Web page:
Is it the case that the arguments using cows and such were all presented to promote one point of view and the arguments using justice were all presented to promote another viewpoint? I'm not clear enough on who said what to parse that.

  • Godfrey the argument appears in several locations in DeWitt's book, but primarily starting page 142. When you get a chance to look at this material I'll be very interested in your reaction. To connect your specific comments to a particular page, here is this:

  • ... And then the intrinsic pathways of pleasure vs the extrinsically mediated pathways-- I am tempted to call these natural vs unnatural, but that might be a stretch. There seems to me a definite difference between our pleasure systems responding to reality vs a molecule bypassing part of the intrinsic pathway to mimic our innate pleasure systems.

    I don't think taking pleasure in an external object is "unnatural", but it is an interesting question whether we inherently trust intrinsic pleasure more than extrinsic pleasure (I imagine you mean here the serotonin or oxytocin that our own brains produce versus the substances that we get from things we eat, etc.)

    This goes to a question that I've considered in the past, that part of what it means to be Epicureans is to train ourselves to become self-sufficient in our pleasure (which I don't think excludes external pleasures, just includes the confident expectation that we can have pleasure).

    Some people may say "objective versus subjective" but this may be a way to disguise their distrust of and alienation from our neurologically-cogent, direct experience. I don't think this alienation is healthy, so the arbitrary ideal of "the objective" is suspicious to me. The key here is that Epicurean philosophy seeks to reconcile us with NATURE--all of it, our own (internal, and "subjective") nature as well as external.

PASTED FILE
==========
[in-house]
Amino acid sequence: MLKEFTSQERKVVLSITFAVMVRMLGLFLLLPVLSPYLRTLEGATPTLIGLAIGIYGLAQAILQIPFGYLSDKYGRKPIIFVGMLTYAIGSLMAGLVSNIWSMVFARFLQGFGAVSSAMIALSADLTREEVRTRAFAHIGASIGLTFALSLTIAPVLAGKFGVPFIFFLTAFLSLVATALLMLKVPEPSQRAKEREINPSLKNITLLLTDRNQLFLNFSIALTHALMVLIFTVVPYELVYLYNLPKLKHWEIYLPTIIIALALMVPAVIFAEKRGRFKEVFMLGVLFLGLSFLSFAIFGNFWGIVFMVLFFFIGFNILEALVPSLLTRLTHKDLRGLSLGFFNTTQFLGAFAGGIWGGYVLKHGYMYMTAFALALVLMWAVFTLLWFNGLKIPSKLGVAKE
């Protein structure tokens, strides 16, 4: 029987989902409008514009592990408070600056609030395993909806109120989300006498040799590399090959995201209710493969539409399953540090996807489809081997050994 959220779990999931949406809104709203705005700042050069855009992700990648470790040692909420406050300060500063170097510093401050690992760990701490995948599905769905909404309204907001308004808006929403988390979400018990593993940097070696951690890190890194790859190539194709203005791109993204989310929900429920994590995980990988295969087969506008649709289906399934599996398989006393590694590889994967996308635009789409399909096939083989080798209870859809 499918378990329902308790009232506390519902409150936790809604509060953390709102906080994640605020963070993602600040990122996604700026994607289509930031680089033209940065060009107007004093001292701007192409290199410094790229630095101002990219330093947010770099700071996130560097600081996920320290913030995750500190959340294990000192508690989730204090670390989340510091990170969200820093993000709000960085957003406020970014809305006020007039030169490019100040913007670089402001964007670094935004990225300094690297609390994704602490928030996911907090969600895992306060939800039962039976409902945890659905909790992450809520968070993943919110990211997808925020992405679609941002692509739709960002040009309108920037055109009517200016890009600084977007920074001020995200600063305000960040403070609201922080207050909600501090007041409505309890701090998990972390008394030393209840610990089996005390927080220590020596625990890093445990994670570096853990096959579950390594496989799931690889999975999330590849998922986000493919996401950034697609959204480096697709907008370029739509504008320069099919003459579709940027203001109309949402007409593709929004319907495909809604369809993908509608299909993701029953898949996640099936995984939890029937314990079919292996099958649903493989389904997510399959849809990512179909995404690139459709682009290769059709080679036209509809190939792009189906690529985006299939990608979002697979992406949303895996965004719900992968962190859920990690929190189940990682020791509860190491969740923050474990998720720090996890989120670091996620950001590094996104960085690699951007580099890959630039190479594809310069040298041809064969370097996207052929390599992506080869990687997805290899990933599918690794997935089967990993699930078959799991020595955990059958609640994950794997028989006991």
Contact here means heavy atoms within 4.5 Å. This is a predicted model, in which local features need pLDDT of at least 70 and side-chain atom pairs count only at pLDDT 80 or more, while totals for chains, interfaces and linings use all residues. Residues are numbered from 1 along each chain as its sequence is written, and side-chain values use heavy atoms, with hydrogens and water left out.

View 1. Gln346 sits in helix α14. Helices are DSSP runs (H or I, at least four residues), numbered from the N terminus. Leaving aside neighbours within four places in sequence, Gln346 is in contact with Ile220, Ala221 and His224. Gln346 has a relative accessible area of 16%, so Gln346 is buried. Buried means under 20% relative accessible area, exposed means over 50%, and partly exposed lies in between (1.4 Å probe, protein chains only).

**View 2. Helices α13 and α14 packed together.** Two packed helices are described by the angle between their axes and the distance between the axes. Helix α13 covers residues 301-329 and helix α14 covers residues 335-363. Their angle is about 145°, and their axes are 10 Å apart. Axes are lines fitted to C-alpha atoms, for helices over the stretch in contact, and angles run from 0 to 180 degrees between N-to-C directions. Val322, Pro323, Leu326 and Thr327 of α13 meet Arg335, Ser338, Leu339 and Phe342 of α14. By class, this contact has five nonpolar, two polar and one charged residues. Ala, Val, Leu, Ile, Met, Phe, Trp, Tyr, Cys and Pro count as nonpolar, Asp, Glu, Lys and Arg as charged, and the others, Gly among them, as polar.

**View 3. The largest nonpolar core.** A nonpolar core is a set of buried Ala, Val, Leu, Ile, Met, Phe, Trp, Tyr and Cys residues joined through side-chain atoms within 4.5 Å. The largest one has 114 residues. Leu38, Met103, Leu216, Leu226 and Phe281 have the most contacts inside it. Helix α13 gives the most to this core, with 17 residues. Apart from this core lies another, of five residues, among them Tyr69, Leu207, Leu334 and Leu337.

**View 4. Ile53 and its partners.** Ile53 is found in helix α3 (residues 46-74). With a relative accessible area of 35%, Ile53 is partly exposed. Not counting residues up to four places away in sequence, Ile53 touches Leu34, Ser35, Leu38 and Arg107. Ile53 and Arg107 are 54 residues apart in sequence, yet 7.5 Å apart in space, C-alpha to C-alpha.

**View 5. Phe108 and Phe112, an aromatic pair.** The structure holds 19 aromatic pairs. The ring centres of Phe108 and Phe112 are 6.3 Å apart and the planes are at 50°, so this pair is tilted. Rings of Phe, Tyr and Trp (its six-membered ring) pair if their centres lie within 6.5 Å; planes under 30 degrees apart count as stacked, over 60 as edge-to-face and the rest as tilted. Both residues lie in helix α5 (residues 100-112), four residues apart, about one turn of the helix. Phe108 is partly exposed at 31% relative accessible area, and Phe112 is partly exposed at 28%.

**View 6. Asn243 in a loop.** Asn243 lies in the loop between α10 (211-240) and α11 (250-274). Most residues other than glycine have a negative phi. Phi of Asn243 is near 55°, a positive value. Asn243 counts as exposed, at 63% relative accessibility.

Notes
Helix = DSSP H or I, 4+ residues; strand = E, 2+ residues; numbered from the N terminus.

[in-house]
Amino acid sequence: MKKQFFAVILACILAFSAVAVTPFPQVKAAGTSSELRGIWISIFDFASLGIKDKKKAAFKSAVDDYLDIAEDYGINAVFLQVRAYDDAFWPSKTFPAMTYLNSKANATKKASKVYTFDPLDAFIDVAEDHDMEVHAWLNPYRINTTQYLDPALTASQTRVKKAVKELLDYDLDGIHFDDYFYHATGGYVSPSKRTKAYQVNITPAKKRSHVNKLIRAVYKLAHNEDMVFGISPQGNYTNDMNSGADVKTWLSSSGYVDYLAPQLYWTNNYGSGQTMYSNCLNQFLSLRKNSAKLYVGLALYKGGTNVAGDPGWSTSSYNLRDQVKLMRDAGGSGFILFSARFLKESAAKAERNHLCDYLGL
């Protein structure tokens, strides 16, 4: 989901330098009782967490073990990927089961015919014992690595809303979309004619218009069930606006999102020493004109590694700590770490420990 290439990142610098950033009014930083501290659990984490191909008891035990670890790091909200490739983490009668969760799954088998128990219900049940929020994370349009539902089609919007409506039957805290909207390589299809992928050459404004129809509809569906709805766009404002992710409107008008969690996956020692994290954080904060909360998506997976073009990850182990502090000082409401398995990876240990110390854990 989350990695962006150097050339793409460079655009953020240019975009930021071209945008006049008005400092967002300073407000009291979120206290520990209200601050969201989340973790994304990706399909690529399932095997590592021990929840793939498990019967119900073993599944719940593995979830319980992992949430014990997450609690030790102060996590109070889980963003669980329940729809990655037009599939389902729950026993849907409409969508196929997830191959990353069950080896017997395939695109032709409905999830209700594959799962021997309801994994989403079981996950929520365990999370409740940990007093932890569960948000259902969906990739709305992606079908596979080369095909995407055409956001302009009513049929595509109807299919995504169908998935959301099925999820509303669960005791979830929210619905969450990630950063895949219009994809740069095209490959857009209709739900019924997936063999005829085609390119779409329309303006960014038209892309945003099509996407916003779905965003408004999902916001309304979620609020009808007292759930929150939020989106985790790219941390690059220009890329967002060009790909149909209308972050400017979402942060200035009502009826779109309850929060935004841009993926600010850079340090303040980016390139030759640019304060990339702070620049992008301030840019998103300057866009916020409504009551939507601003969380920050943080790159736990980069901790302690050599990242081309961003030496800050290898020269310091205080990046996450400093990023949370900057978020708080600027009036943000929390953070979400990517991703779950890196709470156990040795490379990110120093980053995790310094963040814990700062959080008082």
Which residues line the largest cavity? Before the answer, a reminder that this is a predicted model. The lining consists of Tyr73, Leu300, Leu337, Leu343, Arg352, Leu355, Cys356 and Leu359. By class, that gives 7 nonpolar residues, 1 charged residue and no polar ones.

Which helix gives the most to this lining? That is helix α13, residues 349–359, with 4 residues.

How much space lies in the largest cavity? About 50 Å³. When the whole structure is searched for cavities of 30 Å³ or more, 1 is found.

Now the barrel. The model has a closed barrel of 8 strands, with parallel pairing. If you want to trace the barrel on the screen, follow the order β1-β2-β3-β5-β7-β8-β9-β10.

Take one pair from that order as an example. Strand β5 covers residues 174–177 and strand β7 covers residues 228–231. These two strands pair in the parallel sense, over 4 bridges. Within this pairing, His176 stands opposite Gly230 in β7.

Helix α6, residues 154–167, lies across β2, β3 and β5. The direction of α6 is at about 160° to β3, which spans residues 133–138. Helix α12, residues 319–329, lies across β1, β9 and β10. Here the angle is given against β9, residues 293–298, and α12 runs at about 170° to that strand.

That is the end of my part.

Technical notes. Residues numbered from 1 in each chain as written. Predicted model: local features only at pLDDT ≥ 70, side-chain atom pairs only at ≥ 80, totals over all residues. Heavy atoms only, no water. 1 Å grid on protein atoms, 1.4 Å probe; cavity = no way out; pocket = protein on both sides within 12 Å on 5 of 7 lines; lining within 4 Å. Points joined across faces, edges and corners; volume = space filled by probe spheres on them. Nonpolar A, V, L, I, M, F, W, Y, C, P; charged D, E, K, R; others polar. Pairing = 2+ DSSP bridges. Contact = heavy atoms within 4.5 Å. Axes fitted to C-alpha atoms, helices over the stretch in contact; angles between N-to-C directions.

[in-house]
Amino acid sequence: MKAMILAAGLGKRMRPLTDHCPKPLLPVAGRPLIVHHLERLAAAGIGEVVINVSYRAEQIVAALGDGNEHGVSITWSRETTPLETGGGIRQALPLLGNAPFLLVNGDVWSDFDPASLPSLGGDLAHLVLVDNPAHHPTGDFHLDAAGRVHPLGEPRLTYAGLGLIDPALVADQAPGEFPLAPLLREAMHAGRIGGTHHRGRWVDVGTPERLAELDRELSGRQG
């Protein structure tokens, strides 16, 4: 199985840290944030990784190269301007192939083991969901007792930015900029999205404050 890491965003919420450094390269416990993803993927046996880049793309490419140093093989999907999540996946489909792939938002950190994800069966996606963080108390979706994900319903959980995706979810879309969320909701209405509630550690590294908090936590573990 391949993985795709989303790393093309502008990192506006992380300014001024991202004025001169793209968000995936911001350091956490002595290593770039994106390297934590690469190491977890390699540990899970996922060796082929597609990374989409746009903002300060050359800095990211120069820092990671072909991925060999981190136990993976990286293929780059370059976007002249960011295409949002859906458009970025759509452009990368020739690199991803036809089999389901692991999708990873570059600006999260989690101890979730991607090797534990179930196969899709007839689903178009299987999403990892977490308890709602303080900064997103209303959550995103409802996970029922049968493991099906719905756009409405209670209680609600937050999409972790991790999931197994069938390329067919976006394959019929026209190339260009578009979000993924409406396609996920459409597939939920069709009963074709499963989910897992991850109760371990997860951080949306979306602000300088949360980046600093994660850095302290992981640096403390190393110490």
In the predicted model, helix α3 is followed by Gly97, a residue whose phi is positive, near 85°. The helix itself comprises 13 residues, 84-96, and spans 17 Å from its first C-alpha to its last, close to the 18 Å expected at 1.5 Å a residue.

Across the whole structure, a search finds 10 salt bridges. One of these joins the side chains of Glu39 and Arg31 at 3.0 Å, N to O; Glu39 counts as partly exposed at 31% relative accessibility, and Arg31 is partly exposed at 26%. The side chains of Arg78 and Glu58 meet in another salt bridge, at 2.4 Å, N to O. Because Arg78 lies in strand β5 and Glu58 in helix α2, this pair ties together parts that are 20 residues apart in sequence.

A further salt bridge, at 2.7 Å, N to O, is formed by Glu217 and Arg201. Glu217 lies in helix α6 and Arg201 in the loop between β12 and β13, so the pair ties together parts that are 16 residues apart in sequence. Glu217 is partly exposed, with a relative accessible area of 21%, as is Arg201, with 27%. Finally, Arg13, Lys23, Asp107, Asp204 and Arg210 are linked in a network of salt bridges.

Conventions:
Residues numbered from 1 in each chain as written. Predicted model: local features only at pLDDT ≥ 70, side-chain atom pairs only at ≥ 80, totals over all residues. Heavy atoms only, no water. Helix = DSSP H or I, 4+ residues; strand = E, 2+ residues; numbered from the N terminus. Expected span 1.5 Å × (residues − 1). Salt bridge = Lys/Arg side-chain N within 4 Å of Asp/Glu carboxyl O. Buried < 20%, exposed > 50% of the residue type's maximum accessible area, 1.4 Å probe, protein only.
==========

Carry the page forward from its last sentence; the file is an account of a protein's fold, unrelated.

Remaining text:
Concerning the addiction question, I refer you to principal doctrine 20, which includes the adage: "our nature does not shun pleasure", and sets the mind against the body in a "mind over body" logic that is applied in Epicurean therapy. The founders of Epicurean Philosophy observed that our body / our unconscious nature / our id (to use Freudian language for our drives) does not shun pleasure. It is the role of the mind and of reason to understand clearly the limits set by nature to our pleasures and our desires, and it is the role of philosophy and education to civilize us enough to choose and avoid wisely.

    So yes, the dangers of addiction exist, but the founders seem to have been confident that, under normal circumstances, one only needs a philosophical education to avoid its dangers. So my opinion is that a person who is always high or drunk has a pathology, a disease and possibly a form of neurosis or psychological illness (and today this is the consensus among professional who treat addiction).

    This reminds me of an example I've also used in the past re: our craving for candy, which is sometimes owed to the YEAST in our bellies. Gut bacteria are organisms that have their own agenda and drives, and they can sometimes hijack the neurons in our stomach to make us crave things that our bodies do not need. They are operating as a type of disease or parasite in doing this. Ultimately, our desires and cravings are bodily rooted, and unconscious, and (if they are harmful) we have to apply reason (and sometimes dietary changes and other treatments) against them.

    "Please always remember my doctrines!" - Epicurus' last words

  • Hiram, right, I do not mean an external object but a molecule that mimics our endogenous pleasure pathways-- which could give us pleasure despite actual danger. This is more similar to someone's brain being directly stimulated with electric current to create pleasure-- it does not give us the usual information about whether the action is likely safe.I would limit unnatural to synthetically produced mimics, such as fentanyl, but the word unnatural is tricky and I rarely use it. But I think it is safe to say that since fentanyl has not been around long, we can't have adjusted to it through evolution. There is a generation right now being exposed to massive use of synthetic opiates by their parents, and a dramatic increase in overdose deaths in the past few years in the US, often by young adults. The grandparents are raising these children-- I have many in my practice. I'm expecting a cultural aversion to synthetic mimics of the opiate pathway in that generation, which is being left orphaned-- once they are of age.